The Mystery of Who Put the Kettle On

The other day, our almost 2 year old, Cesar, was walking around the house repeating the word, “Polly” over and over. I asked my 7 year old daughter, Iris, why he was saying this. I thought maybe there was a “Polly” who made a guest appearance on his favorite cartoon Dora the Explorer. Iris said she didn’t know but perhaps he was trying to say the nursery rhyme, “Polly Put the Kettle On.” I didn’t think that was a possibility since we hadn’t covered that particular ballad during our daily “Nursery Rhyme 101” lesson.

Of course, this then lead into us trying to sing “Polly Put the Kettle On.” We got through the first verse an then both Iris and I were stumped. Who took the kettle off??? We went through a series of names and couldn’t agree on anything. I then turned to the computer to look up this impending mystery of who did this amazing act of taking the kettle off.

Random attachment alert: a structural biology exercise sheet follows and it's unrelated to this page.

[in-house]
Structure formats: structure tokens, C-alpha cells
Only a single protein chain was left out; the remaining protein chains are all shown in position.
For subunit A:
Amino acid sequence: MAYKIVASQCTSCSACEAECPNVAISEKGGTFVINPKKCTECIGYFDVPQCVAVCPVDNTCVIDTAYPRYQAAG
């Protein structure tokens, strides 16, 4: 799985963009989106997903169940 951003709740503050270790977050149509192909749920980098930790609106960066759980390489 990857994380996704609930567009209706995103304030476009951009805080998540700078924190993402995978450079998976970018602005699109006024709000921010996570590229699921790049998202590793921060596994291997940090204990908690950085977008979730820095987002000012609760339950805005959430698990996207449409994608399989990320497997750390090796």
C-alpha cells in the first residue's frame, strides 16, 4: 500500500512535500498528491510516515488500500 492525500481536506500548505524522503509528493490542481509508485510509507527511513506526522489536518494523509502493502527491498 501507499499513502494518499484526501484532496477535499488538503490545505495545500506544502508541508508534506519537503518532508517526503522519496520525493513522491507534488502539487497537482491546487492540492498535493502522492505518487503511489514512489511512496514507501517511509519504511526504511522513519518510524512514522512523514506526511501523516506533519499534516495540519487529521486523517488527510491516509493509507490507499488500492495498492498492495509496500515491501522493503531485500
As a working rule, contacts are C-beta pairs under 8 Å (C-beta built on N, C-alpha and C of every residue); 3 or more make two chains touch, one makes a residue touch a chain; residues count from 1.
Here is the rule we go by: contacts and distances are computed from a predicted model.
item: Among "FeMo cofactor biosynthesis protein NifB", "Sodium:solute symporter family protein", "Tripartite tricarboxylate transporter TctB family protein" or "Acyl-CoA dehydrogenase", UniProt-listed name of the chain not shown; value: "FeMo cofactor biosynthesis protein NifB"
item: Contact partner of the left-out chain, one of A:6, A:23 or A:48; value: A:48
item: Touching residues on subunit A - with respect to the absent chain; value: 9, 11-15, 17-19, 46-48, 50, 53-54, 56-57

My curiosity was quickly satisfied and it turned out it was Sukey!

The website where I found Polly Put the Kettle On also had a brief history about the song. This nursery rhyme was published in 1797. It was written by a man who had five children. Two of the children were girls who liked to play tea party (Polly and Sukey ..real name Susan). Polly would put the kettle on and Sukey would take it off. Their father was so amused by this that he wrote a song about it:

Polly put the kettle on,

Polly put the kettle on,

Polly put the kettle on,

We’ll all have tea.

Sukey take it off again,

Sukey take it off again,

Sukey take it off again,

They’ve all gone away.

Now, I don’t know about you but I find this absolutely fascinating that a poem with only 16 different words and only 4 different sentences was not only “published” but has been around for 215 years and kids still know (or kind of know this rhyme today…it actually doesn’t even rhyme) and sing this!

There are authors out there who have spent years on their “masterpiece” and cannot get published. My guess is this guy did not spend days or sleepless nights penning this and it has lasted the test of time.

The moral of the story: Write what you find amusing or interesting. Someday, someone will be in need to find out “who took the kettle off” or something equally important!


Cesar reading his nursery rhymes


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